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Posted on: May 9, 2018

Local Elected Officials from Western Mountain Communities Meet with Leaders in Washington

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For Immediate Release | May 9, 2018

Local Elected Officials from Western Mountain Communities

Meet with Congressional and Administration Leaders in Washington DC


Avon, CO - Council members from five Western mountain communities joined The Mountain Pact Executive Director in Washington DC last week. The group met with their Congressional delegations, as well as with leadership from the Department of Interior and US Department of Agriculture, to advocate for balanced public lands use that supports the economic vitality and climate resiliency of mountain communities. The mayors pro tem and council members from Frisco, Avon, Telluride, and Aspen, Colorado and Bend, Oregon traveled to Washington to discuss public lands; oil and gas leasing and royalties; reauthorizing the Land and Water Conservation Fund; and maintaining the 2016 Methane Waste Rule.


Oil and Gas

The Mountain Pact delegation delivered a letter to congressional members signed by over 40 elected officials from Western mountain communities asking them not to move forward with the SECURE and ONSHORE Acts. Anna Peterson, Executive Director with The Mountain Pact said, “Our Western communities rely on a healthy public lands system that can support outdoor recreation and tourism alongside additional uses. However, the SECURE and ONSHORE Act would transfer control of oil and gas drilling to states, allowing them to circumvent the environmental review process and public comment periods required under the National Environmental Policy Act (NEPA). This would further minimize public voices and expedite harmful drilling programs which would be detrimental to the economic posterity and cultural vitality of mountain communities.”

Sarah Smith Hymes, Mayor Pro Tem in Avon, Colorado said, “Outdoor recreation is critical in supporting mountain town economies and is dependent on healthy public lands. When public lands are managed strictly for ‘energy dominance’, other uses integral to the health and character of mountain communities, such as outdoor recreation, wildlife viewing, and conservation, are forgotten and adversely impacted.”

“The Trump Administration should focus on improving public lands, which are the infrastructure upon which the economic powerhouse of outdoor recreation depends. Outdoor recreation bolsters the economies and culture of mountain communities.” Said Ann Mullins, Mayor Pro Tem in Aspen, Colorado.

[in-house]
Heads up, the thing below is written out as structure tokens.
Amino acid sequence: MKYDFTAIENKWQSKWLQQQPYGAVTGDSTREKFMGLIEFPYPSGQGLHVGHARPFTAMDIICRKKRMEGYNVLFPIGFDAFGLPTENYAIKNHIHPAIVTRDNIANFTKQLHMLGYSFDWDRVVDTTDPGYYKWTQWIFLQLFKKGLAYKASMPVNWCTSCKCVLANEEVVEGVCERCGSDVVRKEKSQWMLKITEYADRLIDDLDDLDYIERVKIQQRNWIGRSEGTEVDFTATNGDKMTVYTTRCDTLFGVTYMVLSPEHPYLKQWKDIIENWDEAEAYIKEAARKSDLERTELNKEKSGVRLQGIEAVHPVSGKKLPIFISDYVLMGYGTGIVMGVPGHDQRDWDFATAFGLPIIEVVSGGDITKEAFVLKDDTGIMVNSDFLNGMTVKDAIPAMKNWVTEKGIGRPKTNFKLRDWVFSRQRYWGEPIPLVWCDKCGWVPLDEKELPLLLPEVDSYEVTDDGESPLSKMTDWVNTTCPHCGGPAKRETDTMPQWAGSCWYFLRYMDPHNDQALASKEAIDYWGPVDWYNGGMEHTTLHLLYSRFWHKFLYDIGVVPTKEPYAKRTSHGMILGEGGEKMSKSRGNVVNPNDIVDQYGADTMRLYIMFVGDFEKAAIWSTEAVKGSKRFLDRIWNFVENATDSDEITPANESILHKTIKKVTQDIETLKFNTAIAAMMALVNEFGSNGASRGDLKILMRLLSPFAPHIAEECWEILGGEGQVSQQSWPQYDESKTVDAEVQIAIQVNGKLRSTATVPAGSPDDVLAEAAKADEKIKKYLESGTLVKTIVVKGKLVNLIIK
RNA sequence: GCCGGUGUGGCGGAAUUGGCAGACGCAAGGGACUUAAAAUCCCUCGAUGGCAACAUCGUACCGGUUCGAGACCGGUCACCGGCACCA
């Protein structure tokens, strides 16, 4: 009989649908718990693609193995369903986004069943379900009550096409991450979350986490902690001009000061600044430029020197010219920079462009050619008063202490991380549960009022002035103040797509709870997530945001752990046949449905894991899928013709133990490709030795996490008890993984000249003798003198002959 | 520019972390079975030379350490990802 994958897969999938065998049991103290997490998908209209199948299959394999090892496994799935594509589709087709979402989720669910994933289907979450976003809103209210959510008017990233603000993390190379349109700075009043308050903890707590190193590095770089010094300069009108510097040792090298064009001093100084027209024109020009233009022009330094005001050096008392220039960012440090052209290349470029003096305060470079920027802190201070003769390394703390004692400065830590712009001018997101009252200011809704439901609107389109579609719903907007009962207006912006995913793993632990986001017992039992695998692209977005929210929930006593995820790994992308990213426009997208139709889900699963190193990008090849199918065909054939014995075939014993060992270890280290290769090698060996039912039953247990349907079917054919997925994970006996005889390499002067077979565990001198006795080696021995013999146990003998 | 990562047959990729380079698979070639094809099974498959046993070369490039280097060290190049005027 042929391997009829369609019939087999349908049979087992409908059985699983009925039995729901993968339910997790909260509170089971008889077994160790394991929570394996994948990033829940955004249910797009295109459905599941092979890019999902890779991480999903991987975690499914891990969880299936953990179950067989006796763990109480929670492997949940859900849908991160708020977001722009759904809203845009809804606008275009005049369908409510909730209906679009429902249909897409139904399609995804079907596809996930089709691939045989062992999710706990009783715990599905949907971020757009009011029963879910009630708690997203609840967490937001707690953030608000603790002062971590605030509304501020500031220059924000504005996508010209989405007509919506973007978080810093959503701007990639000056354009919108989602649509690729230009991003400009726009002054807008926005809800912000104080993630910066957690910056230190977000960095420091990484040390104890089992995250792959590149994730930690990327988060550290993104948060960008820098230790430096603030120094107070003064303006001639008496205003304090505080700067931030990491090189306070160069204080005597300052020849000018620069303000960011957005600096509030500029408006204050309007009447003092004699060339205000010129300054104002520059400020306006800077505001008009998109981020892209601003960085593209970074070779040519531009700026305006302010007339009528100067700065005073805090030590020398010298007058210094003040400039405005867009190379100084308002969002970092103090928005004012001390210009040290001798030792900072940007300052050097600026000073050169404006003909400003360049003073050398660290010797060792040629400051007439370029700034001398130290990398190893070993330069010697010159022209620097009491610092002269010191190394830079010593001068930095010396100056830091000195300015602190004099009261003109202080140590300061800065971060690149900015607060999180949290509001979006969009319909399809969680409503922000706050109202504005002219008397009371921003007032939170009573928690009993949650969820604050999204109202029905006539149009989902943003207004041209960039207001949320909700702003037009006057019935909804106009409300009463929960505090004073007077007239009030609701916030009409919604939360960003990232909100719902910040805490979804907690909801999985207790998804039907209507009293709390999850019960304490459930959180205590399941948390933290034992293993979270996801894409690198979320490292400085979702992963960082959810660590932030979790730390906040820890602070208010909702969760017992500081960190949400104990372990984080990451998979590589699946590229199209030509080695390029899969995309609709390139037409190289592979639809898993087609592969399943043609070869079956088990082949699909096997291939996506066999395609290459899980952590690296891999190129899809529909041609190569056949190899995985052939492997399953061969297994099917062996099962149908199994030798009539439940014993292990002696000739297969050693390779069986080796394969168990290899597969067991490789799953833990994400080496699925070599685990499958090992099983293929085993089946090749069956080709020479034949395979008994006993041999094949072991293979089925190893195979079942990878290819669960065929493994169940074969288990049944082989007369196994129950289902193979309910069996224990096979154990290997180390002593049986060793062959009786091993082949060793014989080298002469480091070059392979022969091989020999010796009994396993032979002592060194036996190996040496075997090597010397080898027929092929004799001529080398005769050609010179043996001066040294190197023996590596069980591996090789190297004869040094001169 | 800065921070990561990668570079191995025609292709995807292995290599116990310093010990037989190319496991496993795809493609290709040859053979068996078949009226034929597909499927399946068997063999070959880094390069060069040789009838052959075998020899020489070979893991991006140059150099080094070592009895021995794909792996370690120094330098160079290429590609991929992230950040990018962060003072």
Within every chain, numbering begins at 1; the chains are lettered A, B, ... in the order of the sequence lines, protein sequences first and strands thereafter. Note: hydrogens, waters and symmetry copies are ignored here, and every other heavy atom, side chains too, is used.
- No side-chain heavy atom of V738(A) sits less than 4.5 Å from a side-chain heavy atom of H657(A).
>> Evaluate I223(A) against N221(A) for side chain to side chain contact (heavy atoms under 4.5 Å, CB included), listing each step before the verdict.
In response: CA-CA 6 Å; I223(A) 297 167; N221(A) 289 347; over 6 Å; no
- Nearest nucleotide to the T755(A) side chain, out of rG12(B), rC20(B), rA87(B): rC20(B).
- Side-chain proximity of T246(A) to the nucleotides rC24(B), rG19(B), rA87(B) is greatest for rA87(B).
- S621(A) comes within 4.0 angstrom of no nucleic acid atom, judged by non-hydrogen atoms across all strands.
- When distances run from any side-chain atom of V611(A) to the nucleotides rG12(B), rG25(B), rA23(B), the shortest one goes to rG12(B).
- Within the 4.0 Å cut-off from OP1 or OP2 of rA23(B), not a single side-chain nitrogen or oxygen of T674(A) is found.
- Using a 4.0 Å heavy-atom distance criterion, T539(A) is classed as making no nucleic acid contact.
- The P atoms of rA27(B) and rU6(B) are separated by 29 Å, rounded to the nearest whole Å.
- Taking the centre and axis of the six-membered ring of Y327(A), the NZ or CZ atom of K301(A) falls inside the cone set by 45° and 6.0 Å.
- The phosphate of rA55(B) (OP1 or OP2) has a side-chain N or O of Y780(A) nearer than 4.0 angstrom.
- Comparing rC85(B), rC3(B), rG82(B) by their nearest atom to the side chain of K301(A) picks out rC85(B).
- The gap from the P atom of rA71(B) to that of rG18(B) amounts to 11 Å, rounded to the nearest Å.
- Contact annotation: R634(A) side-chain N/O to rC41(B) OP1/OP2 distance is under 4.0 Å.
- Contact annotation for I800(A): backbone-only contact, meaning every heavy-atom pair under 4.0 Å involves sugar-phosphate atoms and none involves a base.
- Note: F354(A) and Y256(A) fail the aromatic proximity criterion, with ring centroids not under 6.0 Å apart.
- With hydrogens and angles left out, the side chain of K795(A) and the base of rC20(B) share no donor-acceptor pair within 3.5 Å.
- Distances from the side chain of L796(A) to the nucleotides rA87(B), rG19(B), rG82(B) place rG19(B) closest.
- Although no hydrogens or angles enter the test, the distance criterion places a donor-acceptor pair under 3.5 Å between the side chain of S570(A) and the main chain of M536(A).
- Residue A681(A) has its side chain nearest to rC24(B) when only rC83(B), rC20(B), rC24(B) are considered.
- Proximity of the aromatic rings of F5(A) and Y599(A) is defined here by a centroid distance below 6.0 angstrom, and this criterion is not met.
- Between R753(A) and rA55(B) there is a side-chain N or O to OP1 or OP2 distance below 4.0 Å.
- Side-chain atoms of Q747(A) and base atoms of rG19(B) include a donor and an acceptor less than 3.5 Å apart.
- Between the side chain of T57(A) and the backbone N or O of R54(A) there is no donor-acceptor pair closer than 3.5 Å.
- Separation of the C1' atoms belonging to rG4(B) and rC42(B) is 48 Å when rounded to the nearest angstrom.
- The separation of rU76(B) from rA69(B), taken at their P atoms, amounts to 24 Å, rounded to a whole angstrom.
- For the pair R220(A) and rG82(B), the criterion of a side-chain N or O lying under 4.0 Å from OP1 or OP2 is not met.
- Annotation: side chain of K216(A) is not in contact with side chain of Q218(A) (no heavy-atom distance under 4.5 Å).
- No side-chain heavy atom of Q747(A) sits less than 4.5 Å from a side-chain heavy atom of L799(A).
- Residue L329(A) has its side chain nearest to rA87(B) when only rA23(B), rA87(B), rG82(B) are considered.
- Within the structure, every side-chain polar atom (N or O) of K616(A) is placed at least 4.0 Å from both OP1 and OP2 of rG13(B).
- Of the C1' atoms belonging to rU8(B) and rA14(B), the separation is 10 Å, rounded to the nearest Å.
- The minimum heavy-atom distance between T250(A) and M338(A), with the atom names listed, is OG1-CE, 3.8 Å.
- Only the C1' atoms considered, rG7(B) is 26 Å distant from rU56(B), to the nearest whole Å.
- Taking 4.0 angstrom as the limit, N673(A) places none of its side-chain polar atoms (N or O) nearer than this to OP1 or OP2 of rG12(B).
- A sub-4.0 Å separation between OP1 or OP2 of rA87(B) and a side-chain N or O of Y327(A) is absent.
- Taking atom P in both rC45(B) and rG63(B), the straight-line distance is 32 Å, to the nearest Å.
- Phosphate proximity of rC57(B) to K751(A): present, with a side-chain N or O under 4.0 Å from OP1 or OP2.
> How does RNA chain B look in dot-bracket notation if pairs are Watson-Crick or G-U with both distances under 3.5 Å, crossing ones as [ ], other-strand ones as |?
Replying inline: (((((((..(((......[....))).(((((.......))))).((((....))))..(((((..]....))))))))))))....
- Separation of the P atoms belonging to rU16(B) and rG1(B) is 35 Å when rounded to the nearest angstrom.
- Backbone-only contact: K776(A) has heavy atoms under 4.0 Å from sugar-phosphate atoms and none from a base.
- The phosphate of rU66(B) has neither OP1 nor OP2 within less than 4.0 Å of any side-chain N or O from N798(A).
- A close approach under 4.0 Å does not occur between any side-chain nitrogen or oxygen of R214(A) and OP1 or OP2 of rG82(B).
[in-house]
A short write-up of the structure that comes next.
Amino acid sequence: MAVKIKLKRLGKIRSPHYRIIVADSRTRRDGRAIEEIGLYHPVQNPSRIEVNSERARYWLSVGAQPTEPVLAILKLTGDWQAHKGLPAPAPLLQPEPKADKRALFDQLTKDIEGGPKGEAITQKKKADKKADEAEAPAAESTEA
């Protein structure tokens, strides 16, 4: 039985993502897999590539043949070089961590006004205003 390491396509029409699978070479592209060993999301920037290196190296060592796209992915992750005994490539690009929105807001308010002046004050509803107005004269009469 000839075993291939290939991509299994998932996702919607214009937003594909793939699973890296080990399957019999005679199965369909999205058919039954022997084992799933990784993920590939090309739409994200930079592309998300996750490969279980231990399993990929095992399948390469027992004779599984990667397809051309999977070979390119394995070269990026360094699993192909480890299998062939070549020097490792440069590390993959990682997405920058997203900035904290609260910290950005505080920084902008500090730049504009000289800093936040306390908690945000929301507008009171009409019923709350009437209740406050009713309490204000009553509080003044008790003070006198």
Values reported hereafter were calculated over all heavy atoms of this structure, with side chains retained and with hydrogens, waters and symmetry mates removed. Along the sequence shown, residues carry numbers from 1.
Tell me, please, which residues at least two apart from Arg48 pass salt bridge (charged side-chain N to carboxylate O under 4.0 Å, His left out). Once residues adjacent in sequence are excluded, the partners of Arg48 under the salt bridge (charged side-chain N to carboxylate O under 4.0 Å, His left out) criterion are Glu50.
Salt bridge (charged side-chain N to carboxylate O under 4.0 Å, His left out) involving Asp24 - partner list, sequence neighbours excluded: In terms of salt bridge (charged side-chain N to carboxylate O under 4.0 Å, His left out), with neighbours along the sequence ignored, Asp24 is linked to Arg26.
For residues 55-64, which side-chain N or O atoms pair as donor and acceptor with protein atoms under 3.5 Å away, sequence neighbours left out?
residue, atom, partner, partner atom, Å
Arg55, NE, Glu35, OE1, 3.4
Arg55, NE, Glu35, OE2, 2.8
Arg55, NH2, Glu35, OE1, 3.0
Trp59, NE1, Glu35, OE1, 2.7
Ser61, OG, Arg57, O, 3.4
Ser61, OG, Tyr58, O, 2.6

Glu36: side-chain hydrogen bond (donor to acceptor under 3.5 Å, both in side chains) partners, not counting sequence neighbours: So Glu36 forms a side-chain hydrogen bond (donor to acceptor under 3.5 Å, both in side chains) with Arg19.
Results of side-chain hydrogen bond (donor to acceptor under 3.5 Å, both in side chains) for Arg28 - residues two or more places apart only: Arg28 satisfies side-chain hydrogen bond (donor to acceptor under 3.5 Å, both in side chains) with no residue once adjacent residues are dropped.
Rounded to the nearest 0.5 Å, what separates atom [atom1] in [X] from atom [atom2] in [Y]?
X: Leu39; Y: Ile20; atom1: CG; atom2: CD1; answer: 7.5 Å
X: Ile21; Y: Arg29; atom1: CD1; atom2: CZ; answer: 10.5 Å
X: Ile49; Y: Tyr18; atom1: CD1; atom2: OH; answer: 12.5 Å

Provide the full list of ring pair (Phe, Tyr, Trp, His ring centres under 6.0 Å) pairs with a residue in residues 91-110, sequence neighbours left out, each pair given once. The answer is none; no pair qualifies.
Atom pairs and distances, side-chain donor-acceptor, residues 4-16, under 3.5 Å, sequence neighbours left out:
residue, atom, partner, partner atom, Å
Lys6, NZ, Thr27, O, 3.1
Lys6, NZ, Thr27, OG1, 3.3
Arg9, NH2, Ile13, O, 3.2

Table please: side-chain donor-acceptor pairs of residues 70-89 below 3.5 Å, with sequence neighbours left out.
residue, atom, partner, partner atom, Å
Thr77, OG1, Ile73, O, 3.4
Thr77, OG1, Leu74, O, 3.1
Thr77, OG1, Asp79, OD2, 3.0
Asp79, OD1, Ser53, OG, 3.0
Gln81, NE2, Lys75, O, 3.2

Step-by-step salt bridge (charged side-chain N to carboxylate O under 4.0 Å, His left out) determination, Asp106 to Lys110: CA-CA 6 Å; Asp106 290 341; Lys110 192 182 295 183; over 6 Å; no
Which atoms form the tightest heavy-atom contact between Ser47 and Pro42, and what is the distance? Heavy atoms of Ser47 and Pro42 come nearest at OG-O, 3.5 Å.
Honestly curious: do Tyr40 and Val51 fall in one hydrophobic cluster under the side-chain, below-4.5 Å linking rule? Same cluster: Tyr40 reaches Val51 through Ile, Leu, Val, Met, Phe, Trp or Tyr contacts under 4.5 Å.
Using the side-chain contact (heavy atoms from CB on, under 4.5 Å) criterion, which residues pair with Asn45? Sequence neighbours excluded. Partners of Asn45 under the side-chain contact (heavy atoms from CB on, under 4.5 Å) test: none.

Land and Water Conservation Fund

The Land and Water Conservation Fund is America’s most important conservation program, responsible for protecting parks, wildlife refuges, and recreation areas at the federal, state, and local levels, ensuring that all Americans have access to recreate and enjoy our lands and parks across America. At its launch in 1965, Congress authorized that the fund would receive up to $900 million annually in royalties paid by oil and gas companies drilling offshore; no taxpayer dollars have ever been used to fund LWCF. Since its launch, the program has enjoyed wide bipartisan support through more than 10 administrations, protected more than 7.6 million acres of land, and supported more than 41,000 parks, ballfields, and other recreation projects that meet state and local priorities.

Bend, Oregon City Council member Dr. Nathan Boddie said, "I hope Congress will fully fund and

reauthorize the Land and Water Conservation Fund to ensure we invest in beneficial management of our public lands in Bend and throughout the U.S. The fund has been and should continue to be our nation's most successful bi-partisan program and we need it fully reauthorized."


BLM Methane Waste Rule

In February 2018, Secretary of Interior Ryan Zinke announced that he would be taking an axe to the BLM Methane rule without holding a single public hearing. Under the Obama administration, the 2016 BLM Methane and Waste Prevention Rule was drafted over multiple years and had eight public hearings, implementing stricter regulations on the leaking, venting, and flaring of methane from oil and gas wells on public and tribal lands - a common sense move that would reduce pollution and save taxpayers money.

“If the administration were to listen to Western stakeholders – including outdoor recreation business owners, recreationists, sportsmen, conservationists, gateway communities, and Tribal nations, they would know that the 2016 BLM Methane Waste and Prevention Rule should be implemented as is. This rule has common sense environmental and economic safeguards that will put an end to shortchanging taxpayers and reduce emissions that have proven harmful to human and environmental health, as demonstrated successfully in Colorado,” said Todd Brown, Mayor Pro Tem from Telluride, Colorado.

Hunter Mortensen, Mayor Pro Tem from Frisco, Colorado said, "America’s public lands have experienced long-term underinvestment and mismanagement. These public lands are an integral part of the fabric of western communities and driver of local economies. Through tools such as the Antiquities Act and common sense energy regulations, the federal government can act to protect and enhance the American public land system. An attack on these policies is an attack on all public lands and the communities and economies that rely on them.”


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Contacts:

Anna Peterson, Executive Director, The Mountain Pact, 612-735-2402, anna@themountainpact.org

 

The Mountain Pact is an organization that works with mountain communities across the American West to empower them to build resilience in the face of economic and environmental stresses through a shared voice on federal policy related to climate, public lands, and outdoor recreation.

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